October 30, 2005, marked the expiration of the Multi-Sector General Permit (MSGP) authorizing discharges of stormwater in Massachusetts, New Hampshire and other states and areas where the US Environmental Protection Agency (EPA) is the permitting authority. To replace the expired permit, EPA proposed a new MSGP for Industrial Activities on December 1, 2005. EPA has administratively extended coverage for the 3,500 facilities covered by the expired permit, allowing those facilities to continue discharges consistent with the substantive terms of the expired permit until the proposed MSGP becomes effective.
The draft of the proposed MSGP would require currently permitted entities to submit a Notice of Intent (NOI) certifying compliance with the new MSGP eligibility requirements within 120 days once the new MSGP becomes effective. Permitted facilities should track the status of the proposed MSGP carefully to avoid any lapse in coverage. New facilities seeking coverage under the MSGP should be prepared to apply as soon as the new version takes effect.
Background of EPA's Stormwater Permit Program
The Clean Water Act (CWA) generally prohibits facilities from discharging pollutants--including stormwater associated with certain industrial activity--through a "point source" to "waters of the United States" without a permit issued under the National Pollutant Discharge Elimination System (NPDES) program. Section 402(p) of the CWA establishes a framework authorizing EPA to address stormwater discharges. Under Section 402(p), EPA is authorized to require a permit for any stormwater discharge "associated with industrial activity."
EPA's definition of discharges "associated with industrial activity" relies principally on SIC codes. Depending on a facility's SIC code, three permitting options were available initially: an individual NPDES permit; a baseline general permit; or a group permit. In September 1992, EPA promulgated its baseline general permits authorizing stormwater discharges associated with industrial activity in states where it is the permitting authority. EPA developed the MSGP two years later after reviewing group permit applications for tens of thousands of facilities. The MSGP eventually replaced the baseline general permit for all industries, and covers 29 industrial sectors.
Over the past several years, the MSGP has provided a means for many companies to comply with the CWA's stormwater program without the burden of preparing individual permit applications. Deciding whether and how to submit an NOI and prepare a Stormwater Pollution Prevention Plan (SWPPP) may involve strategic considerations. The MSGP requires compliance with state-specific requirements, and may further involve dealings with local boards. We have advised clients in connection with stormwater permit compliance in an array of industrial sectors.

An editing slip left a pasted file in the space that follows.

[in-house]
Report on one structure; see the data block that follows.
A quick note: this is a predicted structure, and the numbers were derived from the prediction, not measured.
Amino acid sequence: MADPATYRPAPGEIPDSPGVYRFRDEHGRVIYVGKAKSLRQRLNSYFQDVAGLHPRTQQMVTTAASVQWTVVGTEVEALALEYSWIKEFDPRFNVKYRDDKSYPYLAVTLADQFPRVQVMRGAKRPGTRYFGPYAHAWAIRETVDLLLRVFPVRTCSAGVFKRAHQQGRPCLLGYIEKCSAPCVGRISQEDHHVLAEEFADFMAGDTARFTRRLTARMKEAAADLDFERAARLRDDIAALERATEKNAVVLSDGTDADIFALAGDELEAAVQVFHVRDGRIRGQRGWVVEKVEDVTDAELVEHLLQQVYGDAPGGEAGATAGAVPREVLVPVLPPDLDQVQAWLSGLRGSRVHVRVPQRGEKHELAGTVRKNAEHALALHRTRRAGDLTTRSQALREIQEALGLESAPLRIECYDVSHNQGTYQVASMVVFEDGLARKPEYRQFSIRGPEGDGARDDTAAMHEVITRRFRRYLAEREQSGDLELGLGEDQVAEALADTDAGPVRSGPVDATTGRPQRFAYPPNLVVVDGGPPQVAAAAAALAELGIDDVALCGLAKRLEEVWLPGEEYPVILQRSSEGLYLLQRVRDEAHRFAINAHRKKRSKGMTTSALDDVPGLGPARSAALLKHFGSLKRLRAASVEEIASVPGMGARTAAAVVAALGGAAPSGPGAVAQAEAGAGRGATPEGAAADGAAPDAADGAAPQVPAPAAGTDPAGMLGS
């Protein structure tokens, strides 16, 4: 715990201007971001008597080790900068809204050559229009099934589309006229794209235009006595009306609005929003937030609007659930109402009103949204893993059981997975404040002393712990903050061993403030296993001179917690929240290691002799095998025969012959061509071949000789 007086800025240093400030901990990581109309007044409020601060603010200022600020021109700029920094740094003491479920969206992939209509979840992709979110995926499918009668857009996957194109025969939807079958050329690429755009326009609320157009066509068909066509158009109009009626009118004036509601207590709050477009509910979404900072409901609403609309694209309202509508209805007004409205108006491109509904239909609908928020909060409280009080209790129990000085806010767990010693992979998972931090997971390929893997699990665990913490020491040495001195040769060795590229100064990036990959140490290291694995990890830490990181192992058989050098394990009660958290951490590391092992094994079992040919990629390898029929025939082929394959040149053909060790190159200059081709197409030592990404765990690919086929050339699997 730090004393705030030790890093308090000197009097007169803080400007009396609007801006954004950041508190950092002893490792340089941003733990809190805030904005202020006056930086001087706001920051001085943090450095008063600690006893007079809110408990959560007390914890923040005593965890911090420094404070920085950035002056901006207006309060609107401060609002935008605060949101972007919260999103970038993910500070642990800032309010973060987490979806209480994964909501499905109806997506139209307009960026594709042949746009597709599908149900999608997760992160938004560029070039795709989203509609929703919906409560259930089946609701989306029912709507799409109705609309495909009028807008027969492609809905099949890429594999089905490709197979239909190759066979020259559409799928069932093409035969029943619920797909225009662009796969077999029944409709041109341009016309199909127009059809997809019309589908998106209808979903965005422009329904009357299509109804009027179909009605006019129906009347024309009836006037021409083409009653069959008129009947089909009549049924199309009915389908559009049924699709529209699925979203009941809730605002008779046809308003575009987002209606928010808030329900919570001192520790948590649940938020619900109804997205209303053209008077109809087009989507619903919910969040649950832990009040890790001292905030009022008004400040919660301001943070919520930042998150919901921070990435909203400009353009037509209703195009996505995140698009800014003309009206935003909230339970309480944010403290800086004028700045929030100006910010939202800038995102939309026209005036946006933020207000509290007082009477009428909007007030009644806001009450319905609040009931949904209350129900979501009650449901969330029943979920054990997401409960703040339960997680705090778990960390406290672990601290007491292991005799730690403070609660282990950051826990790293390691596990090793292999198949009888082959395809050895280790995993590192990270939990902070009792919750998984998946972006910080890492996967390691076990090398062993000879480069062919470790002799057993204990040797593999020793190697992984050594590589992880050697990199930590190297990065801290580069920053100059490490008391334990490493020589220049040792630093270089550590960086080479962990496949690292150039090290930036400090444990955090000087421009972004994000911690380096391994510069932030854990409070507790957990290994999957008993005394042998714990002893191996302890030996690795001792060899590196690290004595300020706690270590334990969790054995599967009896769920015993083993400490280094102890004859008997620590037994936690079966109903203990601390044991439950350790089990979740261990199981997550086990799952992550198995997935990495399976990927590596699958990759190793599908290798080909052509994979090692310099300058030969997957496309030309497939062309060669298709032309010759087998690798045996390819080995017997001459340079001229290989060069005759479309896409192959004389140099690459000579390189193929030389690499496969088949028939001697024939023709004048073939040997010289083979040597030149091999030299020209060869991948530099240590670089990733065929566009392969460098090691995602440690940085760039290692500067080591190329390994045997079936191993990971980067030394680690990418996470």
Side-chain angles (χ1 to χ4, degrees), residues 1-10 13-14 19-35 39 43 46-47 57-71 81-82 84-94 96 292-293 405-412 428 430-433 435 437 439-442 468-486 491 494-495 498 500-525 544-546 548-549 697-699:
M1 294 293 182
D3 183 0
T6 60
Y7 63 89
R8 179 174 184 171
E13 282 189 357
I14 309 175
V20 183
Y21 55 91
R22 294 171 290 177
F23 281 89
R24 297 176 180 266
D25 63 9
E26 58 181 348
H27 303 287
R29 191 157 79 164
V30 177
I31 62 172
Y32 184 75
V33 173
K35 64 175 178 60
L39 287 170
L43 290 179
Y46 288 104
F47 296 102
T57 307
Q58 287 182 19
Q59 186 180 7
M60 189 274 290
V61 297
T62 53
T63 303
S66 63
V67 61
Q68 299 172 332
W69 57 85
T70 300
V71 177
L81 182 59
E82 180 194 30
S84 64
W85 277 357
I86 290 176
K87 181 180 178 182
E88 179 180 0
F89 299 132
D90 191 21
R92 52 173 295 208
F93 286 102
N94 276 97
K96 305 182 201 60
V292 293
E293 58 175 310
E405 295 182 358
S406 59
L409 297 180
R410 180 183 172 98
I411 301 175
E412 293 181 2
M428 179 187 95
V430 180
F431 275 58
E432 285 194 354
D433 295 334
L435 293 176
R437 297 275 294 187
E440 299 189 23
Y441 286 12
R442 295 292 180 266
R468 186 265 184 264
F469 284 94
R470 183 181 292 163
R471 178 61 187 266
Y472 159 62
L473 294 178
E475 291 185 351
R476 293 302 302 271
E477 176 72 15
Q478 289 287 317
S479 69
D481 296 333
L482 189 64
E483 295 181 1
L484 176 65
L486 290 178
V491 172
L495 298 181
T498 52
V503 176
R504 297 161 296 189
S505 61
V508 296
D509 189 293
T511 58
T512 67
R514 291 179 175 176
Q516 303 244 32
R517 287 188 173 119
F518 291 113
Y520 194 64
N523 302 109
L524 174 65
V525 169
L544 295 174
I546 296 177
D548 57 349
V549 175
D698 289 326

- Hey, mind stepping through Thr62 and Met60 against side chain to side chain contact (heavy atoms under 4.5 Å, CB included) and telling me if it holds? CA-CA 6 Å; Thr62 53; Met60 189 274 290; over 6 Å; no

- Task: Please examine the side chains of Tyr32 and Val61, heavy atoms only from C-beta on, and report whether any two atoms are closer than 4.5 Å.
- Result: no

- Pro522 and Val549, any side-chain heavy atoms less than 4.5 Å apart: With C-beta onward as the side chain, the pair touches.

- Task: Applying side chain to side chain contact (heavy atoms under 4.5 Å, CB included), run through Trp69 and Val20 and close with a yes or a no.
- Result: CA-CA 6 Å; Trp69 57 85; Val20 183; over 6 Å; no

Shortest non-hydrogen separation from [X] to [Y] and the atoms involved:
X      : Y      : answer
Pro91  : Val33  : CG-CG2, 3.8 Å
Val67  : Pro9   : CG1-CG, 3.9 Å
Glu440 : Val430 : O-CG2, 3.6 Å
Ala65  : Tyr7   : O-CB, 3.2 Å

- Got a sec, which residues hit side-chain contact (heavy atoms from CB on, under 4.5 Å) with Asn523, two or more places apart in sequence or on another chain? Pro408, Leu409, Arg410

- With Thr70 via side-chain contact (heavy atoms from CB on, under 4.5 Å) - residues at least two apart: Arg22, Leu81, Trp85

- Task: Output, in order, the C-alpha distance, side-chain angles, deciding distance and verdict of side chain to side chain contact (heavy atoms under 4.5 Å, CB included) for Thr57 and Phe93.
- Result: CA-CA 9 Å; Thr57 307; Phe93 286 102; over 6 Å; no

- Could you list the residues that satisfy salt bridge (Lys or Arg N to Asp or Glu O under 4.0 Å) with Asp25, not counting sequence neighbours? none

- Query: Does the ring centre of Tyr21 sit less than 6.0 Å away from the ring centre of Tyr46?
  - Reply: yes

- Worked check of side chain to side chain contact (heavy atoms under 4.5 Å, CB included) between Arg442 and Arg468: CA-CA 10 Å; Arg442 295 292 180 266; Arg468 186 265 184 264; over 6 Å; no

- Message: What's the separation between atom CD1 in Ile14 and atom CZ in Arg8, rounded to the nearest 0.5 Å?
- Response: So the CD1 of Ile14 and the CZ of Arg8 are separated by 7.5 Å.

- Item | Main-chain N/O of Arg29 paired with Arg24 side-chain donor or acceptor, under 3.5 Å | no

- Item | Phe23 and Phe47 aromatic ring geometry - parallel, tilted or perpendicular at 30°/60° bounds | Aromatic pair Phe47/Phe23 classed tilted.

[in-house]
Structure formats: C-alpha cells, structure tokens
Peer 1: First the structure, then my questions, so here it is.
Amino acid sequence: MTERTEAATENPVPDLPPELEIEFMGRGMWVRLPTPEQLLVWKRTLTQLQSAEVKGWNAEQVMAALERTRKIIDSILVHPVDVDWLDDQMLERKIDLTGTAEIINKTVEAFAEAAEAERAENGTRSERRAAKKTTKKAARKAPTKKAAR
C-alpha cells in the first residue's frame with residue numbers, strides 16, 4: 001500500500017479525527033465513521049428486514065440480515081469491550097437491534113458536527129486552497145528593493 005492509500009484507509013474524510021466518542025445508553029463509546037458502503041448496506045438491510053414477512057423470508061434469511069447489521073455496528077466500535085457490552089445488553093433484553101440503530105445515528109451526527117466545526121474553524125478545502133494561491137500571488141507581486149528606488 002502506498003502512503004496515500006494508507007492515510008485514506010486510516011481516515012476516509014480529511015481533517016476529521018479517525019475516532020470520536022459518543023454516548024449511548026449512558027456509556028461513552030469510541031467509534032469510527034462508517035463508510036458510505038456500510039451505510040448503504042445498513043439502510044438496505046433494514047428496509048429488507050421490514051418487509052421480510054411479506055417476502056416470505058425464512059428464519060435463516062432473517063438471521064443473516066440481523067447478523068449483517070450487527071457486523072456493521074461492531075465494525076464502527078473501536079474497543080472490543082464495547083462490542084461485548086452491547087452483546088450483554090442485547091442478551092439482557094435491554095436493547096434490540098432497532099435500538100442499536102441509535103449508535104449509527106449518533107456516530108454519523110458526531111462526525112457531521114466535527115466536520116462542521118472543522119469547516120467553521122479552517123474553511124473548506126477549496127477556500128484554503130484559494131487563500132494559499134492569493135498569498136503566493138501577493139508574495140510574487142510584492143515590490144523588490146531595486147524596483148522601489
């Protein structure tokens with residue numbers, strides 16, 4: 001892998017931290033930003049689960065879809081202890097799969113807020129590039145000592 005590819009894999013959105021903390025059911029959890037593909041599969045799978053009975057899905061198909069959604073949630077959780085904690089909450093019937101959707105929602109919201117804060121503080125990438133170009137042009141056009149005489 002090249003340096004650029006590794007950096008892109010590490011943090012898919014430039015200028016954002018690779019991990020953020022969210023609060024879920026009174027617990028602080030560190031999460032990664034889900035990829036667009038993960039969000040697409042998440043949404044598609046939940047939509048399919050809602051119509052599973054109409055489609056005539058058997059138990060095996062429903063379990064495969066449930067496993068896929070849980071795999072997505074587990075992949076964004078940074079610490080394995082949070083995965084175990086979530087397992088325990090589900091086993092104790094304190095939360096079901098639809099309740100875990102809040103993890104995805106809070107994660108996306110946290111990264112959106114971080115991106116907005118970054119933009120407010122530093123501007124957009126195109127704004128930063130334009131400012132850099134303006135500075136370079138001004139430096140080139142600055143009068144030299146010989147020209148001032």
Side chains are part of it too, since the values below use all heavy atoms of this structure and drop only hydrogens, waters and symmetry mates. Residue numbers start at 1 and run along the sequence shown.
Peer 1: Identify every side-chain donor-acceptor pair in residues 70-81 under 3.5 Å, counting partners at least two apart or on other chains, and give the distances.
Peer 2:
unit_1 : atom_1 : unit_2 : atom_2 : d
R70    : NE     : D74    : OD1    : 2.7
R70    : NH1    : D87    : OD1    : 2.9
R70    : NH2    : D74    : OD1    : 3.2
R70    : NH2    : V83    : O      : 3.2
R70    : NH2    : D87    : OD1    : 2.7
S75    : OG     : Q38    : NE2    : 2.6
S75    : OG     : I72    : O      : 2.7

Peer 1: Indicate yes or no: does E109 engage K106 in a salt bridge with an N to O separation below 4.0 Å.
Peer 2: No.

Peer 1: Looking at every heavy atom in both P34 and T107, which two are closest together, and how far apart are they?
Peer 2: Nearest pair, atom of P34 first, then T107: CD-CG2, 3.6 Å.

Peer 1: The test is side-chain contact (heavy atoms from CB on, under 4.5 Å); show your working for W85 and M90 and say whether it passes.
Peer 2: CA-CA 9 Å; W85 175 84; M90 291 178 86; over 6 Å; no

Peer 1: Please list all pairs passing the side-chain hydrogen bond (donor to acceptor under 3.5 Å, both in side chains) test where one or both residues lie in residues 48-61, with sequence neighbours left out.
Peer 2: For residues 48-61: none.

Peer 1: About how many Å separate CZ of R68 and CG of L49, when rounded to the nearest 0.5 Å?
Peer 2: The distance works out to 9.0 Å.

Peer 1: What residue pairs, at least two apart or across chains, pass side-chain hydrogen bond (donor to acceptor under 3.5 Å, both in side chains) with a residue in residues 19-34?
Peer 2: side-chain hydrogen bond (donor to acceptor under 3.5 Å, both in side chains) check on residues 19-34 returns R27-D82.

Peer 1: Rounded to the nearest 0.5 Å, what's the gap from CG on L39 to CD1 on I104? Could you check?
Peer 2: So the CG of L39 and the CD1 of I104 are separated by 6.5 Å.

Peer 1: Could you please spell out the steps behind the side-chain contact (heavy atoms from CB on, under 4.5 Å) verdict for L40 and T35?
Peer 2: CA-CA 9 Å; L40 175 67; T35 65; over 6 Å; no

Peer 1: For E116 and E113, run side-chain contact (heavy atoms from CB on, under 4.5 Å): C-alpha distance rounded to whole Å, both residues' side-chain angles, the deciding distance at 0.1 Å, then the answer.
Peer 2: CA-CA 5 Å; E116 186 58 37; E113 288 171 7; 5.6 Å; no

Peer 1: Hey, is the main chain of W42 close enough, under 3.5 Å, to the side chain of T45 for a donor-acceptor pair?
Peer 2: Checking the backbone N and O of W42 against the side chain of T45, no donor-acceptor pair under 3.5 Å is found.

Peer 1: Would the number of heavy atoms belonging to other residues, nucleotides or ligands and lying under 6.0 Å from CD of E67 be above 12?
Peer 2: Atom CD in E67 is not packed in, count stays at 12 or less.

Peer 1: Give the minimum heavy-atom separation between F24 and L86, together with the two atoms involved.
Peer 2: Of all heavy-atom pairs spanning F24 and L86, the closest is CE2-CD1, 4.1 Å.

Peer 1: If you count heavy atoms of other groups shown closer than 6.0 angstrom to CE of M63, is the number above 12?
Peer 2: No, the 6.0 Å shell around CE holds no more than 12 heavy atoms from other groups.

The Proposed Multi-Sector General Permit
EPA is proposing several changes to the MSGP. The proposed MSGP creates a 30-day public comment or "waiting" period after a complete NOI is submitted to EPA. During that period, anyone wishing to comment on the proposed discharge may submit comments to the agency. Although EPA has indicated it does not expect to respond formally to comments received during these waiting periods, the agency could impose more stringent requirements on permittees after receiving comments it deems actionable. Additionally, EPA may deny or delay discharge authorization depending on comments received.
Regulated entities should be aware of other notable differences between the proposed MSGP and the previous version. The proposed MSGP imposes new monitoring and reporting requirements designed to promote the implementation of SWPPPs. The proposed MSGP also creates new industry sector-specific requirements, monitoring requirements for total suspended solids (TSS), and training, recordkeeping and inspection requirements.
On December 20, 2005, EPA will hold an "informal" public meeting at EPA Headquarters in Washington, DC, to provide information on the proposed MSGP. EPA also may conduct informational meetings at regional offices around that time. EPA will accept comments on the proposed MSGP until January 16, 2006. Because the proposed MSGP contains significant general and sector-specific changes and may expose existing dischargers to new regulatory risks, entities with affected interests should closely monitor the process which develops the final MSGP, and should participate in that process if their interests so merit.
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